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January 31, 2012 8:38 pm
Boris Johnson, London mayor, has made a direct pitch to French financial services workers to move to London to escape what he believes is an increasingly hostile political climate on the other side of the Channel.
Nicolas Sarkozy, French president, is planning to introduce a financial transactions tax, while François Hollande, his Socialist rival in presidential elections this spring, has made it clear he sees banks and finance to be at the heart of his country’s economic problems.
London is already home to an estimated 300,000 French people – many of whom work in the City – and Mr Johnson believes even more may be tempted to get on the Eurostar in the months to come.
The mayor said: “Bienvenue à Londres. This is the global capital of finance. It’s on your doorstep and if your own president does not want the jobs, the opportunities and the economic growth that you generate, we do.”
Meanwhile, David Cameron, prime minister, has described as “madness” Mr Sarkozy’s idea for a unilateral tax on financial trading and share dealing. Speaking at an EU summit in Brussels, he said: “If France goes for a financial transactions tax, then the door will be open and we will be able to welcome many French banks to the United Kingdom.”
In the run-up to the 2007 presidential election Mr Sarkozy campaigned in London, in the midst of a pre-crash crush on the city and its freewheeling financial capitalism. Speaking at Old Billingsgate market, he said of his exiled countrymen: “They leave because they don’t have diplomas, and no one wants to give them a chance. They leave because they are risk-takers, and risk is a bad word.”
France’s big banks, led by BNP Paribas and Société Générale, have been critical of President Sarkozy’s plan to press ahead with a financial transaction tax unliterally.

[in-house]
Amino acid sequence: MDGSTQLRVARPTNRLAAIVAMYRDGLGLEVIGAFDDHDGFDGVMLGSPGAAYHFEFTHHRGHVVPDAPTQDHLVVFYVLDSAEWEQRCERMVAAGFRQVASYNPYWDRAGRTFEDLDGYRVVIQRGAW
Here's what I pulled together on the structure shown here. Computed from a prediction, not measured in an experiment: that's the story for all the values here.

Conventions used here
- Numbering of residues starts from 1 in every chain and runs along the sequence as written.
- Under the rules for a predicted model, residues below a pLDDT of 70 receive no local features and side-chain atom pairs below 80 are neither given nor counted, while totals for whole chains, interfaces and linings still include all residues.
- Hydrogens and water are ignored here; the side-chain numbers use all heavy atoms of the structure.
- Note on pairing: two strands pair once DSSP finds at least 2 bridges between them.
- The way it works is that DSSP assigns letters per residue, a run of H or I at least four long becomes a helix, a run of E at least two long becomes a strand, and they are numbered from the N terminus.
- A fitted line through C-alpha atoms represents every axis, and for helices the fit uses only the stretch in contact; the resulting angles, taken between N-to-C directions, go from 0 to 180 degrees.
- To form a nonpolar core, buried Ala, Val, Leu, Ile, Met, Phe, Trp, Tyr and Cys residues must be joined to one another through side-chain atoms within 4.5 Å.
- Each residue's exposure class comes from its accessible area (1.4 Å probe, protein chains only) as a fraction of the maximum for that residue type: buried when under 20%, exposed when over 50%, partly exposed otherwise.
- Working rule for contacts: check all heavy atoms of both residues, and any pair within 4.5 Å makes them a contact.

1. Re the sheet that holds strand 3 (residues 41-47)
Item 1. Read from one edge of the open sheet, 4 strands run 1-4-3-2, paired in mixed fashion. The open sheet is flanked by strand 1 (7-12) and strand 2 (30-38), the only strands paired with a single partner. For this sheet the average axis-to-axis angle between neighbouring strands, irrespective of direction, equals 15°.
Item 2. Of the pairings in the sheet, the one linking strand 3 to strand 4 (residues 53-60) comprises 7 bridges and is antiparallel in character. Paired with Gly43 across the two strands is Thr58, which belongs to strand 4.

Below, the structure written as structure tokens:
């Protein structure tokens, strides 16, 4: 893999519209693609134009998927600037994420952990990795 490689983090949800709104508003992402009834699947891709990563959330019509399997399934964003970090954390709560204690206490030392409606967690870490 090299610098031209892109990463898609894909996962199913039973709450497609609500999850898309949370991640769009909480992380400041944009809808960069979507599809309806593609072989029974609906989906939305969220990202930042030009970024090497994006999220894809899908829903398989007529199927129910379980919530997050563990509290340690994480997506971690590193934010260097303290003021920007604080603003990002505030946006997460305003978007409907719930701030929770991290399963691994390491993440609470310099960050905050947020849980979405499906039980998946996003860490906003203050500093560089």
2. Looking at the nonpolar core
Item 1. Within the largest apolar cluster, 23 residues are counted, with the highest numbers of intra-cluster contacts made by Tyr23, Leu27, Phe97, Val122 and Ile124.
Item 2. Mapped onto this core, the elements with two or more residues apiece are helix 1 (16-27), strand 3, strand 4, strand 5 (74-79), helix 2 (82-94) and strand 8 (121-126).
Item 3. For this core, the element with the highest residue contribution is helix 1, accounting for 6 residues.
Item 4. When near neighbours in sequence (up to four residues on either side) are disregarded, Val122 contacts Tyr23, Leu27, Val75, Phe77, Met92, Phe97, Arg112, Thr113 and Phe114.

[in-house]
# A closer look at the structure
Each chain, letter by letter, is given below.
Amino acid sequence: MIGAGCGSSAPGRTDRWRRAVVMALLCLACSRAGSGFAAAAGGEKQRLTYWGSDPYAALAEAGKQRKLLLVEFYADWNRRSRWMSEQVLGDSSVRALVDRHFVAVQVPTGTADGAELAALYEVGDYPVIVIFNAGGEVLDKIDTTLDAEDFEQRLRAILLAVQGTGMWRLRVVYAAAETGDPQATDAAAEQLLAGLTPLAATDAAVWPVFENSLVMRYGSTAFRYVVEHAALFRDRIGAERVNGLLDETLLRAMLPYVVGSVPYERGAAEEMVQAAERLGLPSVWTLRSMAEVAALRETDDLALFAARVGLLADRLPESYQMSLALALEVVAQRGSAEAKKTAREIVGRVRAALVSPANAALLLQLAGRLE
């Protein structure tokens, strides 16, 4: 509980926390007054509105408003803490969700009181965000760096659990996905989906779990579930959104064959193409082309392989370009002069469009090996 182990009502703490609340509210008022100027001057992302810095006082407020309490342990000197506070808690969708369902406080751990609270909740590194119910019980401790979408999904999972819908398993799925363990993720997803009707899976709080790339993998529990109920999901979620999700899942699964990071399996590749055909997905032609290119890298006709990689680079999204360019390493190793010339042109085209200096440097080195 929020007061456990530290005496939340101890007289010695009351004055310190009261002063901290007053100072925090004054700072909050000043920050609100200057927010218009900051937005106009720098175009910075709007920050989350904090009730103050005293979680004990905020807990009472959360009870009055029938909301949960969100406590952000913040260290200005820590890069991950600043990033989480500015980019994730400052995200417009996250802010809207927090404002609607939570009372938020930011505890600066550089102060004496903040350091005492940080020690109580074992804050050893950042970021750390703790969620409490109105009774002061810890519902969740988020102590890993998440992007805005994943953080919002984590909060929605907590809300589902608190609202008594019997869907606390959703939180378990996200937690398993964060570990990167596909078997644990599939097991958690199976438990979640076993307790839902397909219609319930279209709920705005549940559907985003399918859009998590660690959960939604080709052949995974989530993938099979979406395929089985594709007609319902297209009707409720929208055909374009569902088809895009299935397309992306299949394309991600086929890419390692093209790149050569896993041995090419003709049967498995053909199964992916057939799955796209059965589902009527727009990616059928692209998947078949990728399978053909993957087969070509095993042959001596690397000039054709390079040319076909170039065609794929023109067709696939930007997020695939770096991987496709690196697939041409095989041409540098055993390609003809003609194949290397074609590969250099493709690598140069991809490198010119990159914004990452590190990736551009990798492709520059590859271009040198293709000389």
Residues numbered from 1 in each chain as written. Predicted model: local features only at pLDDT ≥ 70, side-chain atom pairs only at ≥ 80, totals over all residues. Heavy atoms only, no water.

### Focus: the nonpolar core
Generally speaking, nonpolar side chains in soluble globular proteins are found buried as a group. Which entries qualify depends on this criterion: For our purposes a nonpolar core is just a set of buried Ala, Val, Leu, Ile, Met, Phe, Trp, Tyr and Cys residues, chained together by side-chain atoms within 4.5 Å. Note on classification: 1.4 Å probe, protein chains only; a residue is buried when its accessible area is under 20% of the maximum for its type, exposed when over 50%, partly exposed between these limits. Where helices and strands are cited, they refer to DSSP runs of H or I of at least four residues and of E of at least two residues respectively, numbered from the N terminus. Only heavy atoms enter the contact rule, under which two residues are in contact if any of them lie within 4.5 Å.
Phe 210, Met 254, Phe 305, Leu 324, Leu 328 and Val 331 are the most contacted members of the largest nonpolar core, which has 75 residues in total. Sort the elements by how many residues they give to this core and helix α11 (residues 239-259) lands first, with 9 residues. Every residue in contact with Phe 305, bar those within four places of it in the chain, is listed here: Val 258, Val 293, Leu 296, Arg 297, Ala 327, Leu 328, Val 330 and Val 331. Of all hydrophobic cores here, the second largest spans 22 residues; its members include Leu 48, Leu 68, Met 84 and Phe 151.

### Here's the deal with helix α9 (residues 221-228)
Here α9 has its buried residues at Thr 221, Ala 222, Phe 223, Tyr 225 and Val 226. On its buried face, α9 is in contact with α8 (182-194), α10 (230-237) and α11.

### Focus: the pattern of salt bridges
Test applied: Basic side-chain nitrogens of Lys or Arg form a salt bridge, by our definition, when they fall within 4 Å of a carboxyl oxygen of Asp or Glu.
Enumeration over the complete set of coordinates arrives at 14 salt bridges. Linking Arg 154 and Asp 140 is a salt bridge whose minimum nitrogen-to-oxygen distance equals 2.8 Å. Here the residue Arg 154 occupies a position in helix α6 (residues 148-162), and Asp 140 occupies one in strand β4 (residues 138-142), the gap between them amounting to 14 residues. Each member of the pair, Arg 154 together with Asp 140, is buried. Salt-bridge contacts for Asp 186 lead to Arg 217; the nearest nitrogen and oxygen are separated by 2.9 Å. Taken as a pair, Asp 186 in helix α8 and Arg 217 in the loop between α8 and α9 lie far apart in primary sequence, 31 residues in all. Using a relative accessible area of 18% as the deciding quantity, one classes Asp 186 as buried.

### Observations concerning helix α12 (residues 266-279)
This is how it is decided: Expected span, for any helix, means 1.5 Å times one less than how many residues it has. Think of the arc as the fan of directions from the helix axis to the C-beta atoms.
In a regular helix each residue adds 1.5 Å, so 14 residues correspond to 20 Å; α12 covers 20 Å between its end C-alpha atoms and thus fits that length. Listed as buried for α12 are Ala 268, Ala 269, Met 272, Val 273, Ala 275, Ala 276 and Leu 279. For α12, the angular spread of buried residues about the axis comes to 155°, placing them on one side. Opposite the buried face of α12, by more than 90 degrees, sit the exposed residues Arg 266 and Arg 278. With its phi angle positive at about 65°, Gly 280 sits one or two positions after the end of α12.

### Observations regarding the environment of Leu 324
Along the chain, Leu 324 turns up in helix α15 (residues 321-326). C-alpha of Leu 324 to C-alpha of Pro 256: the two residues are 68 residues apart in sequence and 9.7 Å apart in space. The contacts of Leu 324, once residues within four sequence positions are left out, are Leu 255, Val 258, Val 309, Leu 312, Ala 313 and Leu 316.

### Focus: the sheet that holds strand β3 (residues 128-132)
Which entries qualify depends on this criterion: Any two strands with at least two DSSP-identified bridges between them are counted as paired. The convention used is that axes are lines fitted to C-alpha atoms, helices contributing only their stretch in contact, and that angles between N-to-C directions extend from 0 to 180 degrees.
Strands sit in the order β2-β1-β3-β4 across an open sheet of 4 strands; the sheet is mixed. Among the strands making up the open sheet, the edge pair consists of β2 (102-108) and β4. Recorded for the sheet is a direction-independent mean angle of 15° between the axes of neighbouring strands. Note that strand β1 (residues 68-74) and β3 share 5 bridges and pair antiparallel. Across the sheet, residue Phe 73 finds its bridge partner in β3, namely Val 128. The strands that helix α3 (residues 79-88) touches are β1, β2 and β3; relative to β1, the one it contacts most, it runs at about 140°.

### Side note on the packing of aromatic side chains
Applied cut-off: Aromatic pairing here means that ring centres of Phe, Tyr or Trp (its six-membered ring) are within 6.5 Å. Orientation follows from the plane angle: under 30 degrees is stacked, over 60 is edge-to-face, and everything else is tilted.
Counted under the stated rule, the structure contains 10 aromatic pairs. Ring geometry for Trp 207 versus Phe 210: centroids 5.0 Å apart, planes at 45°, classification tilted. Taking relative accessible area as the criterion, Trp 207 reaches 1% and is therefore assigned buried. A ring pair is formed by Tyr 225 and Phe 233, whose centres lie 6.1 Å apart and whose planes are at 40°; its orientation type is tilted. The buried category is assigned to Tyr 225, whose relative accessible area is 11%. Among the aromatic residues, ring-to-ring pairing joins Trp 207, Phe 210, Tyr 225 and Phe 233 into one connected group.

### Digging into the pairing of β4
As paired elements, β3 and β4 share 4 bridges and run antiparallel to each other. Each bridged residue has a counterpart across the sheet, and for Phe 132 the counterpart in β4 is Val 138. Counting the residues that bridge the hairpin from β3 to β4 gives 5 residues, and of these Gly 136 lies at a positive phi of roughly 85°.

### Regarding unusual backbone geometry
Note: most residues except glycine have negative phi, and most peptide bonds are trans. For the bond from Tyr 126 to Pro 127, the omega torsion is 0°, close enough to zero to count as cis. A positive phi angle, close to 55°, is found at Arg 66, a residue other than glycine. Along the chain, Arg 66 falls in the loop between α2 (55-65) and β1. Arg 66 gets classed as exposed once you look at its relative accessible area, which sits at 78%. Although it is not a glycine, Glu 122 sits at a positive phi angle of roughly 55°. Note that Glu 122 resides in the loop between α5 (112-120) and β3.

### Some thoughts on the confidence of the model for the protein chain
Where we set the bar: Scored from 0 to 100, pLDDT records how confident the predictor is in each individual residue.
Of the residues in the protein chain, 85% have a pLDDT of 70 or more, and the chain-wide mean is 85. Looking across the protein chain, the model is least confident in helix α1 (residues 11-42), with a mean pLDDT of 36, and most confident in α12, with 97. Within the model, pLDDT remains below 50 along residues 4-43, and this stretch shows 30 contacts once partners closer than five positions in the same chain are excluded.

However, industry experts have pointed out that in many cases it will be irrelevant where a bank is headquartered, since the tax will be levied on the transaction dependent on where the end client is located. For a French client, it will make no difference whether the bank carrying out the transaction is based in Paris or London.
The threat of an EU-wide transaction tax issue was one of the key motives behind Mr Cameron’s decision late last year to walk away from talks over a proposed EU treaty change. The government has ruled out imposing a UK tax without a similar regime being imposed elsewhere in the world.
French bankers brushed off the comments by Mr Johnson and Mr Cameron, saying it was premature to judge the nature of a scheme that was still in the early stages of drafting.
French bankers are more concerned about the prospect of a Socialist government, under Mr Hollande’s leadership. “He does not have a good agenda for the financial industry,” said one senior banker.
Although large chunks of both BNP and SocGen are run out of London, both banks’ centres of gravity remain firmly in Paris.
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